(News Focus) Park finishes grim chapter in history of S. Korean politics
By Song Sang-ho
SEOUL, March 10 (Yonhap) -- Park Geun-hye, the nation's first female leader, finished a tumultuous chapter in the history of South Korean politics Friday with the Constitutional Court's ruling removing her from office -- a grim coda to her 20-year political life.
After three months of grueling deliberations, the court upheld the impeachment resolution that the National Assembly passed in December over a massive corruption scandal involving Park and her longtime confidante Choi Soon-sil.
The highly charged verdict forced Park out of office, setting the stage for a rare presidential by-election in May. Had she been reinstated, Park would have been able to serve out her five-year term until next February.
This photo, taken on Nov. 14, 2016, shows Park Geun-hye speaking during a press conference at the presidential office Cheong Wa Dae. (Yonhap)
Analysts said her downfall underscored the "power of citizens" to check political leaders and hold them accountable for their misdeeds. Since the scandal drew keen attention in October, citizens have staged massive, yet peaceful, rallies across the country to pressure Park to bow out.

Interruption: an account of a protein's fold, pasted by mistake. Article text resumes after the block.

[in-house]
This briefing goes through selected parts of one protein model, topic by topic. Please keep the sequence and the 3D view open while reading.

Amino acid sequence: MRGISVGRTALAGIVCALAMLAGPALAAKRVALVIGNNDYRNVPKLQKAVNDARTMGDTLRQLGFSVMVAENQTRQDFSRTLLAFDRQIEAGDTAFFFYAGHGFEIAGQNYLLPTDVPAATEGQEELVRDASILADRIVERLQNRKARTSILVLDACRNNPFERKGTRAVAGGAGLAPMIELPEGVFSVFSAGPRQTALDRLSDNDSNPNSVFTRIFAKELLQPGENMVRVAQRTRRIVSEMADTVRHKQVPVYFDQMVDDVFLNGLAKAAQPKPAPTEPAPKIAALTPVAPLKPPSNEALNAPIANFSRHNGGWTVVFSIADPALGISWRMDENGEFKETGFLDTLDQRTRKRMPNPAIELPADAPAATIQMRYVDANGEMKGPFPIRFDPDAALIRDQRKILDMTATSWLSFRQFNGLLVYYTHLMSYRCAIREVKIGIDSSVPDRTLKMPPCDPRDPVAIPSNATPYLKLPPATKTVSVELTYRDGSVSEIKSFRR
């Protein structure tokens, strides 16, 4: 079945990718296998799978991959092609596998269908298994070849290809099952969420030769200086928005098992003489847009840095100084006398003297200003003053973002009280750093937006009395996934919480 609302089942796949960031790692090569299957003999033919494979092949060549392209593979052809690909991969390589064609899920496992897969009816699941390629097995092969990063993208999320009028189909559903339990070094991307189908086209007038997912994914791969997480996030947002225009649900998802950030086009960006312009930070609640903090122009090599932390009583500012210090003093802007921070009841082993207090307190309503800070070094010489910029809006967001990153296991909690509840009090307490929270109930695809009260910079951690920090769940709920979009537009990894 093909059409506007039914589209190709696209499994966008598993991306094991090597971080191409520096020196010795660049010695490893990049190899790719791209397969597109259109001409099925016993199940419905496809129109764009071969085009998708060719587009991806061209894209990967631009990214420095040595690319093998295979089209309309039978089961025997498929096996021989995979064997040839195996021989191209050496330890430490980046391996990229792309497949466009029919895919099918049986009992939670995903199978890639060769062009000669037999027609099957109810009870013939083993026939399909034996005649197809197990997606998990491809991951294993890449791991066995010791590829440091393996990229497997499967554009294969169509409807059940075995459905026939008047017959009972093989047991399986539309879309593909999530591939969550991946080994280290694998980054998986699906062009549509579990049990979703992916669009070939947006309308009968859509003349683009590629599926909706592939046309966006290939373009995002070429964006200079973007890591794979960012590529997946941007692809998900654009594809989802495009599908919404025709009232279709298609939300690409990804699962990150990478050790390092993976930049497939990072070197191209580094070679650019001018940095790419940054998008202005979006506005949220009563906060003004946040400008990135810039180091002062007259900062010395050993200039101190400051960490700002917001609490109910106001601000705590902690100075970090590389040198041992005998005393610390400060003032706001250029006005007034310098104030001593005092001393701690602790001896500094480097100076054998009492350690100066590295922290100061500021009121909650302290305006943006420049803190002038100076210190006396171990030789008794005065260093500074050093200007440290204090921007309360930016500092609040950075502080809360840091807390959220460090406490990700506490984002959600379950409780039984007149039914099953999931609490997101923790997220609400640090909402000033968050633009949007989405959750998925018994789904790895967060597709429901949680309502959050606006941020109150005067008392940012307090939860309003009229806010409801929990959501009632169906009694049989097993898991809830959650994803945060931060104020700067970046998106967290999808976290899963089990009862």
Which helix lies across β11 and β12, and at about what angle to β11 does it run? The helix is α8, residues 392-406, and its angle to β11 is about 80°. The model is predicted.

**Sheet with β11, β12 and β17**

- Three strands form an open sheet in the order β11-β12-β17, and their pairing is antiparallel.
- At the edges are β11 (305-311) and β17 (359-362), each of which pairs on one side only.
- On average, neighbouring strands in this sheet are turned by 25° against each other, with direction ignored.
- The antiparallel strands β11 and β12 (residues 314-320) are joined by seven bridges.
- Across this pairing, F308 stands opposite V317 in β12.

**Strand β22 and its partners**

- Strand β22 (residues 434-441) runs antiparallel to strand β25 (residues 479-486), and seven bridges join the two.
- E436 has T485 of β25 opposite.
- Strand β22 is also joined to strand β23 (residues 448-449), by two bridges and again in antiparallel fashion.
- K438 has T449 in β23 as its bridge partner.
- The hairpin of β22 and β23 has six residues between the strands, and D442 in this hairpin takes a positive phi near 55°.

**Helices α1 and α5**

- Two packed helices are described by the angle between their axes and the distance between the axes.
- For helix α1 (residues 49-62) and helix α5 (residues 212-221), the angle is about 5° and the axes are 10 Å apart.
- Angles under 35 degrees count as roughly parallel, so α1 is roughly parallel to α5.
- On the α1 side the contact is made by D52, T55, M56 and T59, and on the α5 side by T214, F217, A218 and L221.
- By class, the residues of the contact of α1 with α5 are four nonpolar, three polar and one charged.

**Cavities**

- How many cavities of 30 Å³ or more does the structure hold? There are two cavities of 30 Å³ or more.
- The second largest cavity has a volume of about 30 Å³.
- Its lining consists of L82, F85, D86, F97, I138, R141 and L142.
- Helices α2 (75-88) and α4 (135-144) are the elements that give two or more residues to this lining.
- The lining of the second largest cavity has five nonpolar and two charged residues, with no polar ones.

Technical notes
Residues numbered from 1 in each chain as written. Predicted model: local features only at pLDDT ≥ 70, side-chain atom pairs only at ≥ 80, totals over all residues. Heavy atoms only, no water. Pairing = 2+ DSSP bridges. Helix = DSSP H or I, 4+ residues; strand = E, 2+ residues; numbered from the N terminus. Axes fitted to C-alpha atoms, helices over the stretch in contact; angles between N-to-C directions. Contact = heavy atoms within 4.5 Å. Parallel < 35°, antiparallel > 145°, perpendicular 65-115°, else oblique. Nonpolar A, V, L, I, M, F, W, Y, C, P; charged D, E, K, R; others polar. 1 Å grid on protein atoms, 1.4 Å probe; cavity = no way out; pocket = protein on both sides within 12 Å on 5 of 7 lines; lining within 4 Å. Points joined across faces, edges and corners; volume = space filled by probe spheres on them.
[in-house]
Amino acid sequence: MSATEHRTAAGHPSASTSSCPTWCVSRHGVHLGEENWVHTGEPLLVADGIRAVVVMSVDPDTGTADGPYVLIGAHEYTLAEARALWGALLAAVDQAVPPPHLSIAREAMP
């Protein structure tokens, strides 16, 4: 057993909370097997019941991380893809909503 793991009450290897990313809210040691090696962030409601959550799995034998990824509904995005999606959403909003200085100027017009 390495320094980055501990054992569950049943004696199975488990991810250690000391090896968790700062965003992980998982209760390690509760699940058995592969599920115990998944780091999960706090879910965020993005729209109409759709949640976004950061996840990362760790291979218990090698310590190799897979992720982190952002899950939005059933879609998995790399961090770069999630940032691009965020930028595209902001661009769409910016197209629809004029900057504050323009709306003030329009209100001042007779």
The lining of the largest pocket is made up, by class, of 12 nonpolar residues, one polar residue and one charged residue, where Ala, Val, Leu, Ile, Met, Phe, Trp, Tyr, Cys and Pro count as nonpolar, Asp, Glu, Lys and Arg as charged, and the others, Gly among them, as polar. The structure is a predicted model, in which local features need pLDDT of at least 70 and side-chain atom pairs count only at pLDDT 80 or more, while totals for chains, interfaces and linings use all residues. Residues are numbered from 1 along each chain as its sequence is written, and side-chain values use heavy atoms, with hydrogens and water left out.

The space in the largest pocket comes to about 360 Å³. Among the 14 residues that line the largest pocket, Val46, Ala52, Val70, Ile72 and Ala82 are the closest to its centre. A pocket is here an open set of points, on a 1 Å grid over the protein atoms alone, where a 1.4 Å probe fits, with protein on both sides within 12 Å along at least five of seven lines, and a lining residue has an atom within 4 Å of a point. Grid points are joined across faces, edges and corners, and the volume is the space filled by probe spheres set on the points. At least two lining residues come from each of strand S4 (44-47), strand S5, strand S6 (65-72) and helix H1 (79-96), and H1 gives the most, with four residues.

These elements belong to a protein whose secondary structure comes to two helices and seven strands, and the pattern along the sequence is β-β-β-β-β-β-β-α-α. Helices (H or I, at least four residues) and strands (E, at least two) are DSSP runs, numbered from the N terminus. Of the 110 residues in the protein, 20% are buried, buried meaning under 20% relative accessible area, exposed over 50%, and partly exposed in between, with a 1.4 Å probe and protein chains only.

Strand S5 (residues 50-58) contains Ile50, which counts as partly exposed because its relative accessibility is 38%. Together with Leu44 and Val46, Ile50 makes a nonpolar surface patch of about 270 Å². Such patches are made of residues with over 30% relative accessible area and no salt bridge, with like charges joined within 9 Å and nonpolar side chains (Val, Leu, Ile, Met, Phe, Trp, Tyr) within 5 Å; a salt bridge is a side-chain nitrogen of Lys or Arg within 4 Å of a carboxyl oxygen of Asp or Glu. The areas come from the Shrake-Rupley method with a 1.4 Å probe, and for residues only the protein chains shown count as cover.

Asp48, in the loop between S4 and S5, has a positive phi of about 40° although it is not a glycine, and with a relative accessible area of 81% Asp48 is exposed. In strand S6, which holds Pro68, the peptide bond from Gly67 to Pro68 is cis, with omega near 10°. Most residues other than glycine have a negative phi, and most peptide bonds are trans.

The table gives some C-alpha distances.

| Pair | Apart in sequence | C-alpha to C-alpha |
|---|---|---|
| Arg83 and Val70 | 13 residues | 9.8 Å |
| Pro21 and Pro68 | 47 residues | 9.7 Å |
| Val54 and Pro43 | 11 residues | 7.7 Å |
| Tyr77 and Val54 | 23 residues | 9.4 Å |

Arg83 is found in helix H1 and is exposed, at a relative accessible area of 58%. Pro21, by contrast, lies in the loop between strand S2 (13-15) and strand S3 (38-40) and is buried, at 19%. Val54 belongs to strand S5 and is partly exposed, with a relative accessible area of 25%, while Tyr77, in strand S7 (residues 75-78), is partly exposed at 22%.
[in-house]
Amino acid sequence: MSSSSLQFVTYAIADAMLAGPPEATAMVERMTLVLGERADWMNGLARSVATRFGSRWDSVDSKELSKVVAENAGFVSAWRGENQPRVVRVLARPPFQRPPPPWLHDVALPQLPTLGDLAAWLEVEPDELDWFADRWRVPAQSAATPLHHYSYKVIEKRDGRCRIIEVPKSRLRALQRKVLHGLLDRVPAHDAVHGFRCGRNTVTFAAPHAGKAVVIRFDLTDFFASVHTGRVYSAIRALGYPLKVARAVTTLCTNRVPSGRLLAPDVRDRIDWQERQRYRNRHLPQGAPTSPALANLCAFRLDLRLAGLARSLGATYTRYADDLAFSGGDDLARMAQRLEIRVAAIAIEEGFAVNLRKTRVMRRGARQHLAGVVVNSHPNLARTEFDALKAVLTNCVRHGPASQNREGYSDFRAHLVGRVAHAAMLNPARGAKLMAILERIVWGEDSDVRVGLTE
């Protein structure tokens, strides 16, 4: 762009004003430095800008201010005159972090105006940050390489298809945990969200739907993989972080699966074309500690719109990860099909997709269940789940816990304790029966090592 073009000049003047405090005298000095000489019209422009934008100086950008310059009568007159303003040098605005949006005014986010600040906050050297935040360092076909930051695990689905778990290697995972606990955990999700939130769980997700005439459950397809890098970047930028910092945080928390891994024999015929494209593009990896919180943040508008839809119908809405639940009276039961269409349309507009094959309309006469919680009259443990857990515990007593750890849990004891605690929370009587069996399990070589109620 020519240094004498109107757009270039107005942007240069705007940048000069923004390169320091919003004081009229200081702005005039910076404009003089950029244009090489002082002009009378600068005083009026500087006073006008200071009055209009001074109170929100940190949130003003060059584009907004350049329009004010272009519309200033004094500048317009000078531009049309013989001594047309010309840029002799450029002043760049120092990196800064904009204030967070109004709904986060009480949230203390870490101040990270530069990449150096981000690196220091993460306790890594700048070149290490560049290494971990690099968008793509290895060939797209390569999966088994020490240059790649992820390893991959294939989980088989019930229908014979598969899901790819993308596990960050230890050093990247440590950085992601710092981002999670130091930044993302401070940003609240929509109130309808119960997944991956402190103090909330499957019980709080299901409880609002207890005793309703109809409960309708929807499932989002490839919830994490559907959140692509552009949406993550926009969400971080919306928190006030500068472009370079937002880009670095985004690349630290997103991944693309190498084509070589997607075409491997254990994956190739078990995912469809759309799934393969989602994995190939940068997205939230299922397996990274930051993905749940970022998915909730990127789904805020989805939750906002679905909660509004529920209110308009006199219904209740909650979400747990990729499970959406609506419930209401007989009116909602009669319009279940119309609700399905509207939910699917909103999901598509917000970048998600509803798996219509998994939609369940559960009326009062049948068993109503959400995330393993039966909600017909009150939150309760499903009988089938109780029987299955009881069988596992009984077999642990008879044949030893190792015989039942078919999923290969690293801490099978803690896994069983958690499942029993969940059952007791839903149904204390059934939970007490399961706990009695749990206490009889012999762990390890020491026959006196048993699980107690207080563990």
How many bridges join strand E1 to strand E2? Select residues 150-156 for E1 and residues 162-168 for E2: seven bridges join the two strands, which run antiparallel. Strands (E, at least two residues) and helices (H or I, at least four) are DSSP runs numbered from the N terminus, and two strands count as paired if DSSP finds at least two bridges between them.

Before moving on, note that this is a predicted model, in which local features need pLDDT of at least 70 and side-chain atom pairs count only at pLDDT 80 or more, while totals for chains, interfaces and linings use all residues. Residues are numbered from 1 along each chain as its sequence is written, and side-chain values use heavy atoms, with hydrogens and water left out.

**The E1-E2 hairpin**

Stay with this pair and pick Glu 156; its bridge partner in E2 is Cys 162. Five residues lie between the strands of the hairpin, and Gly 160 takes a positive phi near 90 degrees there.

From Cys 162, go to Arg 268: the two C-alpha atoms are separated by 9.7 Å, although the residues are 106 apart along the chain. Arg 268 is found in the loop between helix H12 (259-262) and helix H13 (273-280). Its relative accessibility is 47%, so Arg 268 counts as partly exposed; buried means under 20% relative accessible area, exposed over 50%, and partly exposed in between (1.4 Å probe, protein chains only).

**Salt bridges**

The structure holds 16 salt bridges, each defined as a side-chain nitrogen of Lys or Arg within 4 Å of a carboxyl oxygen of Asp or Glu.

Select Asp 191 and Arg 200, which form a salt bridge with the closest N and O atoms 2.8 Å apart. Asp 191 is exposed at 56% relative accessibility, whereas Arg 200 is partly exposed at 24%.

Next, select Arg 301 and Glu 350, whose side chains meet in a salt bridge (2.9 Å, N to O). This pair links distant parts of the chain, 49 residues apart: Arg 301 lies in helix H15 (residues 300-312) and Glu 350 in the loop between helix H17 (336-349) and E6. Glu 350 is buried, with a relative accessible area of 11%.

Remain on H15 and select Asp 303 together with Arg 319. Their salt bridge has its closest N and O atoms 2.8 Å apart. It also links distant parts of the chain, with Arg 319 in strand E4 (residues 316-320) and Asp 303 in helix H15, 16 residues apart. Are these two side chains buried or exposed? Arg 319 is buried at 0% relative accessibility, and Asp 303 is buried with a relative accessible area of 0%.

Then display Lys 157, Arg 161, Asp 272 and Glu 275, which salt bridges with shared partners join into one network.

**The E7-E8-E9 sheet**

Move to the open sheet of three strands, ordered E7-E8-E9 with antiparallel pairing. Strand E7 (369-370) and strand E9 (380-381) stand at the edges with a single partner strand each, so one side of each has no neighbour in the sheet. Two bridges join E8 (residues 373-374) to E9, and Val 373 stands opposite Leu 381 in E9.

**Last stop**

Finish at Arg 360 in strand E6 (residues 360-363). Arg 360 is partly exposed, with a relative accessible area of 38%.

"Her departure highlights that the presidential post is no longer a sanctuary," Jun Kye-wan, a political analyst, told Yonhap News Agency. "This case spoke volumes about how much influence the public sentiment can have ... even over a national leader that they themselves have elected."
As for the main cause of Park's fall from grace, observers pointed to her "go-it-alone" leadership style and lack of willingness to communicate -- even with her senior secretaries -- as well as a governance structure where inordinate power is granted to a single leader.
"Since the very start of her presidency, the claim has persisted that she doesn't communicate with people," Myongji University politics professor Kim Hyung-joon said.
"The ruling party's tendency to toe the presidential line, and Park's apparent thought that she doesn't need to listen to others ... these are the critical reasons for Park's political fiasco," he added.
The presidential scandal, which first emerged through a media report in July, gained the full spotlight in late October when the local cable network JTBC disclosed the content of a tablet PC allegedly used by Choi.
The device contained a series of files that revealed the nitty-gritty of the scandal, which sent Park's approval ratings into a tailspin, left her leadership in tatters and sparked nationwide protests calling for her departure from office.
This photo, taken on March 4, 2017, shows citizens staging a street rally in downtown Seoul to demand Park's resignation over a corruption scandal. (Yonhap)
Park is alleged to have allowed Choi -- without any government post or security clearance -- to meddle in important state affairs and colluded with Choi in extorting money and favors from local conglomerates, such as Samsung Group. Both have denied the accusations.
The president is also purported to have neglected her duties during a 2014 ferry disaster that killed more than 300 passengers, mostly young students.